positions has grown over the past decades, women are still underrepresented in
leadership roles. Sebastian C. Schuh, Alina S. Hernandez Bark, Niels Van
Quaquebeke, Rüdiger Hossiep, Philip Frieg and Rolf Van Dick in “Gender
Differences in Leadership Role Occupancy: The Mediating Role of Power
Motivation” discuss studies that inform measures targeted at increasing the
share of women in leadership positions. To prove the study the authors
determined whether women and men differ in their levels of power motivation and
whether potential gender differences in this motivation contribute to the
unequal distribution of women and men in leadership positions. The results show
that women consistently reported lower power motivation than men. It also suggest
that the higher level of power motivation among men is greater because the
environment is male dominated. In other words men get the tasks completed
through motivations from fear. Men are dominate, assertive and persistent
because that is the traditional way of measuring power. What if a female was
assert then they would be referred to as a bitch. Women are not like men and
that’s a good thing because everyone should be different, however, the
standards and views of males and females should be changed.

            Since the
beginning of time, gender has played an impactful role on how ones act and how
ones look at society. It has been installed in our minds to fit those
stereotypes however, rules are meant to be broken. Gary N. Powell supports that argument in
the article “The Gender and Leadership Wars” by bringing the attention to
leadership and gender stereotypes. Powell states, “No matter how they may be stereotyped, leaders of
both sexes need to be ready to demonstrate their capabilities as leaders and to
disprove anyone who thinks otherwise.” The significance of his statement not only
promotes effective leadership but also gender equality. Although in his
research shows that women tend to be better suited than men
to serve as leaders in the ways required in the global economy. However, this is
not to say that organization should choose women for leader roles on the basis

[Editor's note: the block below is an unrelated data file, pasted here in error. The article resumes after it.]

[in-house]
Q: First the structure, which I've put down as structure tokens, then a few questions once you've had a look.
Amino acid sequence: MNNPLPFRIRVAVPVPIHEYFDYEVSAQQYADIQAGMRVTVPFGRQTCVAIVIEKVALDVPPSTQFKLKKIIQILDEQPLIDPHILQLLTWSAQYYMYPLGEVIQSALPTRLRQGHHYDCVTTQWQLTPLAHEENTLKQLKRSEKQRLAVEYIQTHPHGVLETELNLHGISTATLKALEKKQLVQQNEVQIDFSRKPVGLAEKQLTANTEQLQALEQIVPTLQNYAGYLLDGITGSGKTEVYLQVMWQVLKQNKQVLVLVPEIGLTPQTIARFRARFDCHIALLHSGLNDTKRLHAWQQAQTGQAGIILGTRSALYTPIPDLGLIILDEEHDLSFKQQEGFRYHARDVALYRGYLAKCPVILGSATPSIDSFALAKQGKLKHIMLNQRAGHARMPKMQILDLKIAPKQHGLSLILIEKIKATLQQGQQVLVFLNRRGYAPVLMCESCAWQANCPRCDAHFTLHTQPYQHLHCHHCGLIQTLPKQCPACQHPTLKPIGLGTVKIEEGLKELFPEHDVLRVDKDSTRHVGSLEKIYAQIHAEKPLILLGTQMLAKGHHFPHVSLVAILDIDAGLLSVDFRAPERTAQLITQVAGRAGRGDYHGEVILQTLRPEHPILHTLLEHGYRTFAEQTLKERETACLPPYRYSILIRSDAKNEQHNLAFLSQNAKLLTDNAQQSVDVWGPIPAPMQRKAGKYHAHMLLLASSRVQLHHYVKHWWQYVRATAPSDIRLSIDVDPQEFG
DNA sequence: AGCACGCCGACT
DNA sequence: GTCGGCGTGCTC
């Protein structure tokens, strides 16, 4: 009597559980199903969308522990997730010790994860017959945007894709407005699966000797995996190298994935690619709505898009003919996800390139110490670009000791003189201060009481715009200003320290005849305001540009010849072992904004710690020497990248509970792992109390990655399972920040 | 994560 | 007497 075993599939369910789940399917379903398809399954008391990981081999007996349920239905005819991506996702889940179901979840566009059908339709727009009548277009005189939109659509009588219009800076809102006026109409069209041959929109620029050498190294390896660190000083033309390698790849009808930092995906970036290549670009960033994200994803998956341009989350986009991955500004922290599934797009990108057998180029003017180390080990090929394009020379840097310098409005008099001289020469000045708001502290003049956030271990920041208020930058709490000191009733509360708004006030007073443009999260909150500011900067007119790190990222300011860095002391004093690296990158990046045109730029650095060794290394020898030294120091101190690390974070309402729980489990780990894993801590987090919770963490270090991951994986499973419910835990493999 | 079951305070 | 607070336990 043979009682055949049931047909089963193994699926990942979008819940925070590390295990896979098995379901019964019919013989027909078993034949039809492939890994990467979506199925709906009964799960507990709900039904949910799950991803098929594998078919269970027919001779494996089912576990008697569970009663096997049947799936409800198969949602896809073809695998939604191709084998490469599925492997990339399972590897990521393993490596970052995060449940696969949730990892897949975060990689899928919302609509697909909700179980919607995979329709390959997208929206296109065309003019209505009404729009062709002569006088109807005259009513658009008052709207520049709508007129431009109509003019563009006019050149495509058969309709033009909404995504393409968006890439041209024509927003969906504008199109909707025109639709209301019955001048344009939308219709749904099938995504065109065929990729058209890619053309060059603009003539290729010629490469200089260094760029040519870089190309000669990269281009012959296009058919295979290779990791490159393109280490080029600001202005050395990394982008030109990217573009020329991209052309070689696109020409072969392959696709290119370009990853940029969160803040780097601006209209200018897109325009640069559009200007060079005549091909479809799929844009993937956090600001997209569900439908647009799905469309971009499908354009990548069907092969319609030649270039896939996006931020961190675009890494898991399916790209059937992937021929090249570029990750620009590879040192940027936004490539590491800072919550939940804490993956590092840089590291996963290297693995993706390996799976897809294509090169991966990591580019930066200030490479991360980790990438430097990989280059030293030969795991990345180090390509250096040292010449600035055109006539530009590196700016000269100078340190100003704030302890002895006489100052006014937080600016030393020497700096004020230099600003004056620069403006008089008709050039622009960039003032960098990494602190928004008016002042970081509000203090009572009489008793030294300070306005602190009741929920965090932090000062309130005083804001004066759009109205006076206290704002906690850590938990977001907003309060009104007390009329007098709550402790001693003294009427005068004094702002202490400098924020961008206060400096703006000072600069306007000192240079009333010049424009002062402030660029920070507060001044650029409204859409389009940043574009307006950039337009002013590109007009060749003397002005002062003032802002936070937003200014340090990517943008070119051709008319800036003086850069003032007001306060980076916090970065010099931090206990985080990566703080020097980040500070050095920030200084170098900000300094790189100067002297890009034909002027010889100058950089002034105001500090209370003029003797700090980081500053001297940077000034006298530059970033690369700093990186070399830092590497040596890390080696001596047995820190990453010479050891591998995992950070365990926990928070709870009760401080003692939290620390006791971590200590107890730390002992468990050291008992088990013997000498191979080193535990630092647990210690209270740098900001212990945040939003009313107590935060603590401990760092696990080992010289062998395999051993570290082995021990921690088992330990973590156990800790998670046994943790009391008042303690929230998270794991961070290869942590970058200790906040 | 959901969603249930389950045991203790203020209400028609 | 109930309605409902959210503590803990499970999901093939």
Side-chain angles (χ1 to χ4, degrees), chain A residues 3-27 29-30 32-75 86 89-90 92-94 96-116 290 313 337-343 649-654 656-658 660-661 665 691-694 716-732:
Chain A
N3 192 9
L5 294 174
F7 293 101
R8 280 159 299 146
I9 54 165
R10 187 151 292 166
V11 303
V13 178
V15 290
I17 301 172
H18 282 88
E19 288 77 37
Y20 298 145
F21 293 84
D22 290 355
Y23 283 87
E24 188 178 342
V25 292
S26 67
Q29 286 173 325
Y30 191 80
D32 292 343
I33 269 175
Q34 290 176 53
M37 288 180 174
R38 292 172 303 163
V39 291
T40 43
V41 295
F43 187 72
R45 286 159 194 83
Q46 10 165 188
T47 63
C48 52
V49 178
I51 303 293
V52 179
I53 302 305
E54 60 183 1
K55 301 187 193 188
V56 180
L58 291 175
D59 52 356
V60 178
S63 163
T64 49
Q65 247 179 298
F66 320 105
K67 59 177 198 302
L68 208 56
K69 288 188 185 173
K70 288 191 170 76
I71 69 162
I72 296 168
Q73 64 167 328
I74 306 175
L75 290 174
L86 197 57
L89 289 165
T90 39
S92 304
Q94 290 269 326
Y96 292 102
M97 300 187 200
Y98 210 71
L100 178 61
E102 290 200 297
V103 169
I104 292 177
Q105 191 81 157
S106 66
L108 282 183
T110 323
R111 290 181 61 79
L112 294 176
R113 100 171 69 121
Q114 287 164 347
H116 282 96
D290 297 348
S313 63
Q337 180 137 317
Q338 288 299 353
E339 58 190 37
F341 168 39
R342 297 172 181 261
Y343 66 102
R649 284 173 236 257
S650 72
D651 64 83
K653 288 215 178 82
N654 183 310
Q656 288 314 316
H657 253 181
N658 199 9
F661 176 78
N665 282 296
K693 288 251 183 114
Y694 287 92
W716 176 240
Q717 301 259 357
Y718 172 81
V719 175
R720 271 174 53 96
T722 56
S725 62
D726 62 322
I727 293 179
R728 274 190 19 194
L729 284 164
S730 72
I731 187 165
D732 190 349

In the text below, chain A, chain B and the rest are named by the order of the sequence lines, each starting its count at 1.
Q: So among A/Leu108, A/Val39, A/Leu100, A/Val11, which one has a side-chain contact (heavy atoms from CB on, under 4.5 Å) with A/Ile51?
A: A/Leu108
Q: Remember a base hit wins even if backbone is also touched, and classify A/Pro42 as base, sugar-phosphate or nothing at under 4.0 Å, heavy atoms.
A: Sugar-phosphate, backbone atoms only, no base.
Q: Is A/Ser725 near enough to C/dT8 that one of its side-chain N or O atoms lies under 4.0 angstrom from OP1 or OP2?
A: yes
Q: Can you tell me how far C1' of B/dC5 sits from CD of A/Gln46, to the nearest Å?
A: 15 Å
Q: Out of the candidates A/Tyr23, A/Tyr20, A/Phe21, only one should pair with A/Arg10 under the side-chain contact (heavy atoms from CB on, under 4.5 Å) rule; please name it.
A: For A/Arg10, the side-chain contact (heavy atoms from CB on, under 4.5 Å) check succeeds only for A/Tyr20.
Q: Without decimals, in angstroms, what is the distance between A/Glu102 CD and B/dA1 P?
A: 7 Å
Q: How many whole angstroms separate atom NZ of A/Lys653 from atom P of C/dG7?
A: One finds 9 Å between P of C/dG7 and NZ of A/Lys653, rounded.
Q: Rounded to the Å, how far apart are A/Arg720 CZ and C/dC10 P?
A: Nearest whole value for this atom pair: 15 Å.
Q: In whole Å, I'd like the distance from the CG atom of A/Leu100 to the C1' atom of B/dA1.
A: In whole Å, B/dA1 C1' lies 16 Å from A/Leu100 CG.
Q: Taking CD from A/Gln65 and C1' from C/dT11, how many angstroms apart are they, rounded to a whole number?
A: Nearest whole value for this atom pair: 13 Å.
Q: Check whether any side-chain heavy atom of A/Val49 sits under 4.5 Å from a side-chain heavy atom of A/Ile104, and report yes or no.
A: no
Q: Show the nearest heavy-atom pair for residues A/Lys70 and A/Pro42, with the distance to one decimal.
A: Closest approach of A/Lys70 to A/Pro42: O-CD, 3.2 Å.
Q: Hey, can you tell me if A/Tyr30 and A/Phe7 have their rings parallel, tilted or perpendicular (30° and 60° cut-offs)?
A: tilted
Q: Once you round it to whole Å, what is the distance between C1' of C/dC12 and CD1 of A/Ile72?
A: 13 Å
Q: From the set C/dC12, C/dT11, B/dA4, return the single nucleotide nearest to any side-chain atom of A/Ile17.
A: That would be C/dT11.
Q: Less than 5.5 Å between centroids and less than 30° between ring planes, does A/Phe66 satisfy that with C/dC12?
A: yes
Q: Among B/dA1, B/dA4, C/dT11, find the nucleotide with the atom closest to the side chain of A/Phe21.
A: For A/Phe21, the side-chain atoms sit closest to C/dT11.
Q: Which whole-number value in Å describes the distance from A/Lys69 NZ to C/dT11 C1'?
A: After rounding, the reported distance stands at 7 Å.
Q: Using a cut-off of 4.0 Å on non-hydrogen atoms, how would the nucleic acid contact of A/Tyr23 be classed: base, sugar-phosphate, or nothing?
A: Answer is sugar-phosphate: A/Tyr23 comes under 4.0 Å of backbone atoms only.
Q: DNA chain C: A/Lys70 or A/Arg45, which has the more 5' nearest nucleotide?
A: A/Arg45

of their sex. The challenge for organizations is to take advantage of and
develop the capabilities of all
individuals in leader roles and then create conditions that give leaders of
both sexes an equal chance to succeed.

The goal is not to downgrade males, the goal is to show that
females are capable, dominate and as effective as much as males. What makes a
female important in a household or any work field is that they have an
advantage over men. Being a female means to be caring, kind and heartwarming which
is where the advantage comes into play. Males use feminine stereotypes against
them but females use it to their advantage. The feminine characteristics is
what makes them different from males. It’s the niche that sets them apart
because they are caring, they are supportive but most of all they are
effective. Samantha C. Paustian-Underdahl and and David J. Woehr explain that
all in their article Gender and Perceptions of Leadership Effectiveness: A
Meta-Analysis of Contextual Moderators.” In the article it states, “Despite evidence that men are
typically perceived as more appropriate and effective than women in leadership
position.” Their results show that when all leadership contexts are considered,
men and women do not differ in perceived leadership effectiveness. Women are
rated as significantly more effective than men because of their multiple
advantages that makes them great leaders.

Oftentimes men and
women use different processes for decision making and leadership. With women
obtaining higher positions in the workplace we have to understand that there is
a difference. Whether it is the way they process information, the different
leadership and communication styles, men and women are different. Everyone has
to accept that there are multiple ways to gather, understand and present material.
Males are normally raised to see a certain point of view. A view that shows men
to be dominate and superior beings however, the information from this course demonstrations
a different view that gives opportunities. Women shouldn’t have to live up to
what men say is acceptable, they create their own lane. Women are great leaders
not because they aren’t males but because they bring something new to the
table.

            Women are a
force to be reckoned with. More and more women are rising to the challenge of leadership.
With the opportunities that they have worked so hard for and which are well-earned
and deserved, they are able to make a change. Everyday more women are attending
college, accepting jobs and positions in a male dominated industries and if
they have a vision of a style, they make their own by creating their own
businesses. Women have proven that they are accomplished and can be nurturing
mothers as well as great leaders. Women are
slowly being accepted into the wheels of power because the world is finally realizing
their potential in leadership. This clearly shows that leadership is not
determined by one’s gender but by the abilities that they possess.